This is the recipe for a vinaigrette. It was taught to me by a dear friend and I can hear him telling it to me every time I make it.
A vinaigrette has three basic components: something onion-y – usually shallot or garlic, something acidic – vinegar or citrus juice, and something fatty – think oil or bacon fat. Add salt and pepper, fresh herbs, a bit of dijon mustard if you like, and you’ve got a vinaigrette.
The magic of a vinaigrette is in the emulsion. Your 8th grade science teacher is judging you right now. An emulsion is when you take two liquids that don’t get along and force them to spend some time together. To make an emulsion of oil and vinegar, you whisk them together, breaking the vinegar into small droplets which are surrounded by oil. When you taste a vinaigrette you enjoy the soft, buttery mouthfeel of oil and the wonderful balance of fat and acidity without the sharp sting of vinegar on your tongue.
Let’s talk about dressing your salad. When you hit the grocery store and grab those Romaine hearts, stop by the dressing aisle and grab the biggest bottle of Ranch or Blue Cheese that you can find. Trust me, you don’t want to taste that lettuce. When you grab farm fresh vegetables at the farm market, you want to taste them in balance with your vinaigrette. Dress your salad lightly. A perfectly dressed salad should glisten with vinaigrette and there should be almost none left in the bottom of the bowl when you are done serving.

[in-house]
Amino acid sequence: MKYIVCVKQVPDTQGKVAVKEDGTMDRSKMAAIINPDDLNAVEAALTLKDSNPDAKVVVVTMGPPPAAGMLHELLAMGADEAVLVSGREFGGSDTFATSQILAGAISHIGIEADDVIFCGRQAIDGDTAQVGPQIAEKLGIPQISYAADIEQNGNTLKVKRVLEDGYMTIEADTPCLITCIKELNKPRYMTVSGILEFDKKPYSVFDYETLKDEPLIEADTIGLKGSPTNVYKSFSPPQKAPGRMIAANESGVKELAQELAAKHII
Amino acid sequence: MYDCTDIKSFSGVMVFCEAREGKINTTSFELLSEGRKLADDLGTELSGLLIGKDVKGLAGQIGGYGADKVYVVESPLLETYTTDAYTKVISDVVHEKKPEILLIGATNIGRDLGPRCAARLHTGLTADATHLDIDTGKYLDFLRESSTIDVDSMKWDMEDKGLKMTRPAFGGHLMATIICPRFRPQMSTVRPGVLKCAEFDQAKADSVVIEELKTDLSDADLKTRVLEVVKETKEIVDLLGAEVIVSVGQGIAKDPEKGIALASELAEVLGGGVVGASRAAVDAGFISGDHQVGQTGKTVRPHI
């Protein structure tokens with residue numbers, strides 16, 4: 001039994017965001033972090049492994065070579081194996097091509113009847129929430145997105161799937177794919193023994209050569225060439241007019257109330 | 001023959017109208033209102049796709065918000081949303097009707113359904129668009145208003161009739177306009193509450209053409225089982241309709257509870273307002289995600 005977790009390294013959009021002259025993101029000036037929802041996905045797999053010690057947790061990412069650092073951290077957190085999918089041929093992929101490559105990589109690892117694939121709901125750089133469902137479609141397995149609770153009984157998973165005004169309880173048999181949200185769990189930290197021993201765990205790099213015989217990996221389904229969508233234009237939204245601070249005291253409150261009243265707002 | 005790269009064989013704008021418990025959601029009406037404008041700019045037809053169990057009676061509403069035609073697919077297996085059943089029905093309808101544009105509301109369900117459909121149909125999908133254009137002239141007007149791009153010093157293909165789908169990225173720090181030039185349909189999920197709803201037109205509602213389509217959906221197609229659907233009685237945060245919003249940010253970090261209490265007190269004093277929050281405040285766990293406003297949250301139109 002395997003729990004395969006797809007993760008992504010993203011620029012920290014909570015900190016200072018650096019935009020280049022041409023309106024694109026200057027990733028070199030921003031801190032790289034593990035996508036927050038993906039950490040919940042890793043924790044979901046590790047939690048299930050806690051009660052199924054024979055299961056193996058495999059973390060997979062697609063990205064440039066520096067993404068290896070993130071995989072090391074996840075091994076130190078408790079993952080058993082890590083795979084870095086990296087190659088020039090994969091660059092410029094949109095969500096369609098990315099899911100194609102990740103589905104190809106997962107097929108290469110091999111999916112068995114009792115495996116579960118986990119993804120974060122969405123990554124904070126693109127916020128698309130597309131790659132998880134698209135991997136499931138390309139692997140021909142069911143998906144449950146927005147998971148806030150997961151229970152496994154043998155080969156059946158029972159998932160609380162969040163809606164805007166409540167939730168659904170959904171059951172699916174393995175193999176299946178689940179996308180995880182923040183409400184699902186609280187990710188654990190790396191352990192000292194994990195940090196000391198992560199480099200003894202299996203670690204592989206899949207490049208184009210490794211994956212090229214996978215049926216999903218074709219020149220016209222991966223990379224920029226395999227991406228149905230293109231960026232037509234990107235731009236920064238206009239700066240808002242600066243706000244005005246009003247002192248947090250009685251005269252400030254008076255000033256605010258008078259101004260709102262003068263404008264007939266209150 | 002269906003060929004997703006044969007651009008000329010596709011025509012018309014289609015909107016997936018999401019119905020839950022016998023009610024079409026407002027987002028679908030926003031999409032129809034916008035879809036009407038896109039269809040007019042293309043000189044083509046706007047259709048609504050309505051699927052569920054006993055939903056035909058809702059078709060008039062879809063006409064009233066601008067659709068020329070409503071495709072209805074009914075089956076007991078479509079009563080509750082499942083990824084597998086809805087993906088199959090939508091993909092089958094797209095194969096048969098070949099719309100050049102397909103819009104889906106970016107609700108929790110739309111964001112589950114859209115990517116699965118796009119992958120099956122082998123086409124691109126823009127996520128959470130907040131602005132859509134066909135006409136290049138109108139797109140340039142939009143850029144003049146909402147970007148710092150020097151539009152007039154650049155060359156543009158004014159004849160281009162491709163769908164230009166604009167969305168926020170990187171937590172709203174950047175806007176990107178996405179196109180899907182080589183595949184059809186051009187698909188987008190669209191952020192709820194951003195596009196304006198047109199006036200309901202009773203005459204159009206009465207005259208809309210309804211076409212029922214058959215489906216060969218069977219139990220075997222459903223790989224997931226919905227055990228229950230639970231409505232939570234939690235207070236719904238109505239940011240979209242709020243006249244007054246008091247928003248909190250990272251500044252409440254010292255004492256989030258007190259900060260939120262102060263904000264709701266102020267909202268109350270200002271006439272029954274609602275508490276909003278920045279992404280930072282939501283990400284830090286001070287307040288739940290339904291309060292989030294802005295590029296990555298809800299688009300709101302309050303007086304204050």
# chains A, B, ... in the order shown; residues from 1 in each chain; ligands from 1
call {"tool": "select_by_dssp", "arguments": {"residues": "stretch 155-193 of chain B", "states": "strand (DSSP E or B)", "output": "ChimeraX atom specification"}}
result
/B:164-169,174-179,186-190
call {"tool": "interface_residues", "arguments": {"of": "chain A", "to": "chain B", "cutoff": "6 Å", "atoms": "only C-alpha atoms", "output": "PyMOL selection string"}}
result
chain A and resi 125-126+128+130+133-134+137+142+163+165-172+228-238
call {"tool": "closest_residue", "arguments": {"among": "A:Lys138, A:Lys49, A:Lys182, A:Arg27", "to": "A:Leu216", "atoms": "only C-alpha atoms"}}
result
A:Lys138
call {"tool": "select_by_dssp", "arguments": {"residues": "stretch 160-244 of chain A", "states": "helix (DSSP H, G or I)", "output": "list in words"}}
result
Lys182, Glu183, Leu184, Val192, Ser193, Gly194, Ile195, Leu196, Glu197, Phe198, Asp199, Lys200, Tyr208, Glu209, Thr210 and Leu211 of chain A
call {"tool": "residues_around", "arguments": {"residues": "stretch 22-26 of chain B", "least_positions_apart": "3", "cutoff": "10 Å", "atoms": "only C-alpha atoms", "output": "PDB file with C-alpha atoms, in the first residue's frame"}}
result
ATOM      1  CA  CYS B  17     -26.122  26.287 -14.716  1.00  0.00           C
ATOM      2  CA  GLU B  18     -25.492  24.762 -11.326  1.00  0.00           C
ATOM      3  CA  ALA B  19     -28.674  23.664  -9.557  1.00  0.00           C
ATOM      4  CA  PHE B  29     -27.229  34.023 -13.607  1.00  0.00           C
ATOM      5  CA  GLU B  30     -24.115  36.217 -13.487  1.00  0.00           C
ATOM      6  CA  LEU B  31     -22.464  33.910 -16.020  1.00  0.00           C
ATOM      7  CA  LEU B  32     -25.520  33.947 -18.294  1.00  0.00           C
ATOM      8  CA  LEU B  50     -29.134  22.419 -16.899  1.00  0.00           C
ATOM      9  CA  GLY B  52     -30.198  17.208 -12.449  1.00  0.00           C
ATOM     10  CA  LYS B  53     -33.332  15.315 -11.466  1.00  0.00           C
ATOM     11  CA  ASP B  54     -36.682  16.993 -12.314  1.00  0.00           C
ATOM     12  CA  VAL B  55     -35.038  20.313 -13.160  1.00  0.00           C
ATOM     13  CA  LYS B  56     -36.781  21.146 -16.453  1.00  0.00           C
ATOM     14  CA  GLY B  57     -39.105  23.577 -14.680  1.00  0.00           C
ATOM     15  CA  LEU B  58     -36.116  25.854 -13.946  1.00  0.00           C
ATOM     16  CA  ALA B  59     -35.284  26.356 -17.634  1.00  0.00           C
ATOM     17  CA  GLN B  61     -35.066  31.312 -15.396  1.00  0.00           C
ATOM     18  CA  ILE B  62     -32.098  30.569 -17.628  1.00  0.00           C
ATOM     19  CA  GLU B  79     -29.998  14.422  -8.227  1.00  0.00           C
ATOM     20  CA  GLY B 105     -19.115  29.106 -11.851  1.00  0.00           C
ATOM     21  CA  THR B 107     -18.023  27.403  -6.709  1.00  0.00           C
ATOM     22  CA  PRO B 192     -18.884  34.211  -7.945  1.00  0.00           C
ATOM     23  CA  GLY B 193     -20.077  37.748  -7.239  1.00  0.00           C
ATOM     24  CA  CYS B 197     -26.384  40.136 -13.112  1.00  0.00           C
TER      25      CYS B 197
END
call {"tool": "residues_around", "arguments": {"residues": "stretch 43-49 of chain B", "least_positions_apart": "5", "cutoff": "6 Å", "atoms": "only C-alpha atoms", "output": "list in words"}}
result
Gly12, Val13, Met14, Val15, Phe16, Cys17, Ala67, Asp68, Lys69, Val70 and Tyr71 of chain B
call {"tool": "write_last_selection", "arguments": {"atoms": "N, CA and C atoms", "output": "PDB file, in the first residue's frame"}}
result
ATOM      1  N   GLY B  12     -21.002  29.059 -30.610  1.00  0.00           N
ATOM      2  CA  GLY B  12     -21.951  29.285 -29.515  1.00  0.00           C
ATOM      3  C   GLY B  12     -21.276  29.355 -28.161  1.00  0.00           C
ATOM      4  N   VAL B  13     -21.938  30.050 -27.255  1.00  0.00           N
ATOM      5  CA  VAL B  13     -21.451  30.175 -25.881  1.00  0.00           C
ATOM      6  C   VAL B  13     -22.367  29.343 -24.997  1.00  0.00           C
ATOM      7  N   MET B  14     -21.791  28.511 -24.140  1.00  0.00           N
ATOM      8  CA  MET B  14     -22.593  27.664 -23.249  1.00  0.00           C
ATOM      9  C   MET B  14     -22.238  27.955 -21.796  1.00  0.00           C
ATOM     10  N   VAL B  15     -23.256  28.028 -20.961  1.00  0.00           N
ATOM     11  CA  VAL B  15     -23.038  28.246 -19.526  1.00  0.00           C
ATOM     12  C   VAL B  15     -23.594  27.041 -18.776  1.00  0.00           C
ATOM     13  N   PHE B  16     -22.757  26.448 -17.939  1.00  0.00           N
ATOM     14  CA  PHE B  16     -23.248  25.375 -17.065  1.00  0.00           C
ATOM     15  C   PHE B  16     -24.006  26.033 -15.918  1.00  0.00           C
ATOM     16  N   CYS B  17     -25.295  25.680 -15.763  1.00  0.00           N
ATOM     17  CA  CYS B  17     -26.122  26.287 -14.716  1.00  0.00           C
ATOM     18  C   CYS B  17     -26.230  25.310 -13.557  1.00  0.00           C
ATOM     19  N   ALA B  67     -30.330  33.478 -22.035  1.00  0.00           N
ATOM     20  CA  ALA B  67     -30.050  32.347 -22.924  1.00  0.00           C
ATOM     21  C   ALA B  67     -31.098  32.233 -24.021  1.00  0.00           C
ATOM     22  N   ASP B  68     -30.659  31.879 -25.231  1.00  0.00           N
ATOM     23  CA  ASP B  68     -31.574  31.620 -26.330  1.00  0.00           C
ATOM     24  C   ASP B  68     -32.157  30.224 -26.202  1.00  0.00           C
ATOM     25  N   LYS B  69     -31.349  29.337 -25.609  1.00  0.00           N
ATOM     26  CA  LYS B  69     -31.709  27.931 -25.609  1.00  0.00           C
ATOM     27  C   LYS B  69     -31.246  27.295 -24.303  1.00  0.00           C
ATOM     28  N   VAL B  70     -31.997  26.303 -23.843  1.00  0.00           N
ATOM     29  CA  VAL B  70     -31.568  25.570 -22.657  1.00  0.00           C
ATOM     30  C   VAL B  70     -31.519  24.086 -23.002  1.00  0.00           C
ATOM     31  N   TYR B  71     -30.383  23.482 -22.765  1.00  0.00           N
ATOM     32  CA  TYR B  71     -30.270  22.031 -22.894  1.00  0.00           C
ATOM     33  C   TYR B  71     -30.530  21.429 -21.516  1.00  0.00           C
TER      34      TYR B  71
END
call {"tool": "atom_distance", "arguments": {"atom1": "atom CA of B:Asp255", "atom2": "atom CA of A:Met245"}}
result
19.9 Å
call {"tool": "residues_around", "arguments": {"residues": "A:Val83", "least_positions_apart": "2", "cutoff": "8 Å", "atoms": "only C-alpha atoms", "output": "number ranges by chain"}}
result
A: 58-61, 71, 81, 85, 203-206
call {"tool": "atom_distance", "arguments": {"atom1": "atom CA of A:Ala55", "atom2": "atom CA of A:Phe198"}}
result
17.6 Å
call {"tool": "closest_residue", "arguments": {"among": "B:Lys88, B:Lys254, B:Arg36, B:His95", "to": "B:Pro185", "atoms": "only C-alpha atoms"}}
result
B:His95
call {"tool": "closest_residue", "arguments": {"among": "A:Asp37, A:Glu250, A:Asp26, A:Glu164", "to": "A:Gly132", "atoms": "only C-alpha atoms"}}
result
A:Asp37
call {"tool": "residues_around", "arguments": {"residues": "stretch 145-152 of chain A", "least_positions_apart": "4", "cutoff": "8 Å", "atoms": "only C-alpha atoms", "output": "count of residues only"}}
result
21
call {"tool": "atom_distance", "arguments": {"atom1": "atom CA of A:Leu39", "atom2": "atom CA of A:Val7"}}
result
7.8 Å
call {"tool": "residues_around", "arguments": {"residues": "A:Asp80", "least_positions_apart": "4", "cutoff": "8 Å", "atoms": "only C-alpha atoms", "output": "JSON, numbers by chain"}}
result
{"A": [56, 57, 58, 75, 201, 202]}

Make a vinaigrette today. Dress fresh lettuce, arugula or spinach. Sub it in for mayonnaise in your potato salad, or over fresh steamed or sautéed vegetables. Use it to marinade vegetables for the grill. Use it in good health. And enjoy, let it make each simple meal you make – even lunch at the office – a celebration of how special each moment of your life can be.
For Sean Holland.
Use the best ingredients you can find: farm fresh greens, well-balanced vinegars and high quality olive oil.
- 2-3 tbs minced shallot or 1 large clove garlic
- Vinegar or lemon juice
- Dijon mustard
- Olive oil – the good stuff!
The options are limitless. Have fun, be creative and taste often! Think about your ingredients. If you are serving peppery arugula, a low acidity oil with a buttery olive oil is perfect. For sweet summer tomatoes use garlic paste, a grassy Spanish or Greek oil and a complex, aged balsamic vinegar.
- If using garlic, mince it, then mash it into a paste with a pinch of coarse sea salt. If using shallot, add to a bowl with a pinch of salt.
- Chop herbs, if using, finely and add to bowl.
- Add a grind or four of black pepper, 1/4 tsp mustard and 1/4 cup of vinegar to the bowl with the garlic or shallot.
- Let sit while you make the rest of your meal to let the flavors blend.
- Right before serving, whisk in 1/2 cup oil.
- Dip a leaf of your greens in the dressing, taste and correct seasoning and balance of acid/oil.
- Dress lightly.
The classic ratio for a vinaigrette is 1 part vinegar to 3 parts olive oil. I like mine a little more acidic.